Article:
Bradley Merrill Thompson Quoted in “Debate Over FDA Oversight of Apps Continues”Government Health IT February 18, 2014
Bradley Merrill Thompson, a Member of the Firm in the Health Care and Life Sciences practice, in the Washington, DC, office, was quoted in an article titled "Debate Over FDA Oversight of Apps Continues."
Following is an excerpt:
The Preventing Regulatory Overreach to Enhance Care Technology (PROTECT) Act of 2014, introduced earlier this month by Sens. Angus King (I-Maine) and Deb Fischer (R-Nebraska), seeks to clarify the extent to which the U.S. Food and Drug Administration can regulate health IT. ?...
But Bradley Merrill Thompson, a Washington, D.C.-based attorney who advises the mHealth Regulatory Coalition, calls the proposed bill a "meat cleaver" that would, if passed into law, do a lot of damage, particularly to clinical decision support apps.
"The PROTECT Act (would declare) all such mobile apps unregulated regardless of risk," he said in an e-mail exchange with mHealth News. "That is a colossally bad idea, both for patients who would be put at risk, but also for (an) industry that would be dragged down by apps that don't work and destroy the credibility for the industry."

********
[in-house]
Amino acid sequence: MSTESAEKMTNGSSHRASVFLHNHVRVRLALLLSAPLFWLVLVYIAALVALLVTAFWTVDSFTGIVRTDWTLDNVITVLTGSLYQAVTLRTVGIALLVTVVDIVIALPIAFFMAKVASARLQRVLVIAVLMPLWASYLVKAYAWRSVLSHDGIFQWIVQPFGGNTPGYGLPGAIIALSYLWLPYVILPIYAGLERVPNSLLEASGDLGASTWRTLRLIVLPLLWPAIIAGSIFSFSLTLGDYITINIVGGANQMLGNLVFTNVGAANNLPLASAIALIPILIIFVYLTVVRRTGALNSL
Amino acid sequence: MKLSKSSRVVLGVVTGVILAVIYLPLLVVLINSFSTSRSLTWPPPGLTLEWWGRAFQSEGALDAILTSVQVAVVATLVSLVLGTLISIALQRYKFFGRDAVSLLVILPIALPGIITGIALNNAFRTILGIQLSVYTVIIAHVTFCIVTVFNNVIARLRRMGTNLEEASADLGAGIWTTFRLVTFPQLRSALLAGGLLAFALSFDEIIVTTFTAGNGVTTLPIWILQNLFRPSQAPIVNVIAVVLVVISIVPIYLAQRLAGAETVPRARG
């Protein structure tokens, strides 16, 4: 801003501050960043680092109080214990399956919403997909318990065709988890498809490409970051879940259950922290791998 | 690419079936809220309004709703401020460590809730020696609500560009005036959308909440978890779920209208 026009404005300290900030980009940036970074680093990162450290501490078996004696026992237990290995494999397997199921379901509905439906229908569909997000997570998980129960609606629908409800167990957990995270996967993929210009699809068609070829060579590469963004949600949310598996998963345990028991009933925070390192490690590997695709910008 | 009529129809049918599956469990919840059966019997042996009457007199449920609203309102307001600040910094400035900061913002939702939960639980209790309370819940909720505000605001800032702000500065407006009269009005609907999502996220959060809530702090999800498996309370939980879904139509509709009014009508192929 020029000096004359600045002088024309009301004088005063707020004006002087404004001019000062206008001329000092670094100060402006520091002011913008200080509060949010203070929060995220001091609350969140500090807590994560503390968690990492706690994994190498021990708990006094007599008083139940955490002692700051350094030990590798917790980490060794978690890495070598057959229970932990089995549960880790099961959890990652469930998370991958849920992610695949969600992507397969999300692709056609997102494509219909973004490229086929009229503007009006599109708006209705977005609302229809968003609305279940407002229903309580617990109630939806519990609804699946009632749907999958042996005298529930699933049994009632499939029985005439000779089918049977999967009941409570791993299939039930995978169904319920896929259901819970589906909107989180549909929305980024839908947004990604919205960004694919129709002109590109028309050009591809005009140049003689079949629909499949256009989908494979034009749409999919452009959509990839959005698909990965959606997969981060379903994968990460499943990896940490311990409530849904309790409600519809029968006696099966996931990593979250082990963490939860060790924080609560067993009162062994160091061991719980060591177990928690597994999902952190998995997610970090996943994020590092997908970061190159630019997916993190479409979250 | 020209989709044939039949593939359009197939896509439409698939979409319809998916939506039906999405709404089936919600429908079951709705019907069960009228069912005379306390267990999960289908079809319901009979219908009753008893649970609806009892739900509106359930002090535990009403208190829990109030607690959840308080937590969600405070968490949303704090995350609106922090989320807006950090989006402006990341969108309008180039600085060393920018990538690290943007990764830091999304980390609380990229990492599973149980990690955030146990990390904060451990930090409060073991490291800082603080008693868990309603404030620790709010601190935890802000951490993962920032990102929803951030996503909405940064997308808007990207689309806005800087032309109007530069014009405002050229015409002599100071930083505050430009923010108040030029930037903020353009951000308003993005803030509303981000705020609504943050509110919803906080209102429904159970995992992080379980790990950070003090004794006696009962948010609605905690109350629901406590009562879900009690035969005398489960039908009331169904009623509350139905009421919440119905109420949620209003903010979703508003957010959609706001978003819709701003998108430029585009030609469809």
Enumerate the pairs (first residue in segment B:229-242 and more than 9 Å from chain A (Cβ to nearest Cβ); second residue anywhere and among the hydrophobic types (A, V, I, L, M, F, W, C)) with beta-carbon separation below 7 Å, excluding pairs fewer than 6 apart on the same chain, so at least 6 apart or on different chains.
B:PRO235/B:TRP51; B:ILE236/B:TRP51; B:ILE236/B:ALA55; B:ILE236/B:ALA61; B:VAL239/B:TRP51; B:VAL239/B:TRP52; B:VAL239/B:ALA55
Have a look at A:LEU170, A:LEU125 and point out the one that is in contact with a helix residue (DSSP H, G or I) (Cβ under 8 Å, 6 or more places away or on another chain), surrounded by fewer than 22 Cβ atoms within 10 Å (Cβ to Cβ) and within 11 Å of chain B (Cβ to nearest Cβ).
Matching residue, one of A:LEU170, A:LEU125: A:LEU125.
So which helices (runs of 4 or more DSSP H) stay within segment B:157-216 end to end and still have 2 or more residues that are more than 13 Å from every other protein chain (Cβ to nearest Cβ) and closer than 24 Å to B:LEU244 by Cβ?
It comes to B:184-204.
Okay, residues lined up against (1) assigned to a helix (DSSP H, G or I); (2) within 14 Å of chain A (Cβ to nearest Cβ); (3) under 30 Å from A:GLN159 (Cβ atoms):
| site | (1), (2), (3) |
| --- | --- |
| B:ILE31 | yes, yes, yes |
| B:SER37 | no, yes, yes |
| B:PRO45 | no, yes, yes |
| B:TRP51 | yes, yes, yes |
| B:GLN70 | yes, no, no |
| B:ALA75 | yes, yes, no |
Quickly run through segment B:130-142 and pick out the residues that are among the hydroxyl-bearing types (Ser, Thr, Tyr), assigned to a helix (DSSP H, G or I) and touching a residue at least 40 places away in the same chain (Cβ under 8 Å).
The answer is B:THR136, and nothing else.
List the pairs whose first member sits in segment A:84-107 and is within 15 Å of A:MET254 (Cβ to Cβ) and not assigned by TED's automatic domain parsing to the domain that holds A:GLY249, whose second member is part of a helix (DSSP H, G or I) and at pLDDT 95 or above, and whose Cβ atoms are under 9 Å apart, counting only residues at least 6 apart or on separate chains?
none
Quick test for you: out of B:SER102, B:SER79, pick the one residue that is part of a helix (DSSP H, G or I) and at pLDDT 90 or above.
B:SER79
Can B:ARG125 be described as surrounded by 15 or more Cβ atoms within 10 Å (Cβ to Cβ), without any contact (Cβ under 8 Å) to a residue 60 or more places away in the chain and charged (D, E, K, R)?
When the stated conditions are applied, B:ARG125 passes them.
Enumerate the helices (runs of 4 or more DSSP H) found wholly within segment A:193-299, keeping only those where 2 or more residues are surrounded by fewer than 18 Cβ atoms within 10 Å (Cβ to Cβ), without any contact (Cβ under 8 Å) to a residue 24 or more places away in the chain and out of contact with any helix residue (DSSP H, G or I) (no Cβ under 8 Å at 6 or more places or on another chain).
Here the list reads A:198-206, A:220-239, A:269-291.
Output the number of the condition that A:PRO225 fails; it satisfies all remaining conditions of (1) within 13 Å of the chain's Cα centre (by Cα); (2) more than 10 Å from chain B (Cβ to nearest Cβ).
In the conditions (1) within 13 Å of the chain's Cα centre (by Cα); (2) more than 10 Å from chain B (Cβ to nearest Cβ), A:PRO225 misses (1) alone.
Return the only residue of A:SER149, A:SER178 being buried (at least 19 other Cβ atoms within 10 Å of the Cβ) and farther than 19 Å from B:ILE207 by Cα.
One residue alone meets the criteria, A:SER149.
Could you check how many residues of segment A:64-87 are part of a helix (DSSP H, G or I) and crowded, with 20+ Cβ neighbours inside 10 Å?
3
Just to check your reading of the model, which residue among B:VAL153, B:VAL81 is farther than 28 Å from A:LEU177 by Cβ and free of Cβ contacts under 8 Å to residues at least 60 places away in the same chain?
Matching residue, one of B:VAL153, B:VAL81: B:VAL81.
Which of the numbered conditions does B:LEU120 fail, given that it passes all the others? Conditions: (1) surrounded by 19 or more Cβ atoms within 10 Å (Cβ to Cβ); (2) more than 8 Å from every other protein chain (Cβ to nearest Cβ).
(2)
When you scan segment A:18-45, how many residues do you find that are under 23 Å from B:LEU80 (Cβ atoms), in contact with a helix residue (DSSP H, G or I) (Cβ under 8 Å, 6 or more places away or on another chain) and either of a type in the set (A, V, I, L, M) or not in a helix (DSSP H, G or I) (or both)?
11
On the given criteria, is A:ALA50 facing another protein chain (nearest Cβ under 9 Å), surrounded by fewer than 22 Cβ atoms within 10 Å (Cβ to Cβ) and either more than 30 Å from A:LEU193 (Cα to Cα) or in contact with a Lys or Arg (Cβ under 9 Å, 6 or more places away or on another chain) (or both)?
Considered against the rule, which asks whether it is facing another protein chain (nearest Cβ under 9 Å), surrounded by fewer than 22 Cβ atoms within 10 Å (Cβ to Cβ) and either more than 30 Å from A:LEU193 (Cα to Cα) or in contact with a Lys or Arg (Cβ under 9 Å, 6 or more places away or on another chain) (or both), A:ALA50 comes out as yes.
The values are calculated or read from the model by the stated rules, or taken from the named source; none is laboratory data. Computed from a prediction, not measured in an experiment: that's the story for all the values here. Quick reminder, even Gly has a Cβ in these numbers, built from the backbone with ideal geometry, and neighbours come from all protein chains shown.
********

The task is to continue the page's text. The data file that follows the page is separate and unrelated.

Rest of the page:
"What we need is a more refined approach that distinguishes high-risk apps from low-risk and allows the FDA to continue its role with high-risk apps," Thompson said. "No one yet has come up with the right conceptual approach for distinguishing clinical decision support apps based on risk, and in my opinion we ought to continue to work with the experts at the agency to develop that more nuanced parsing. It is not the right time for legislation." ?...
"The biggest issue with both the SOFTWARE Act and the PROTECT Act is that it would deregulate certain stand-alone software used for such things as guiding therapeutic decision-making," he said. "For example, under both acts, a radiation dosage calculator would be removed from FDA regulation even though there is considerable risk in using such a program."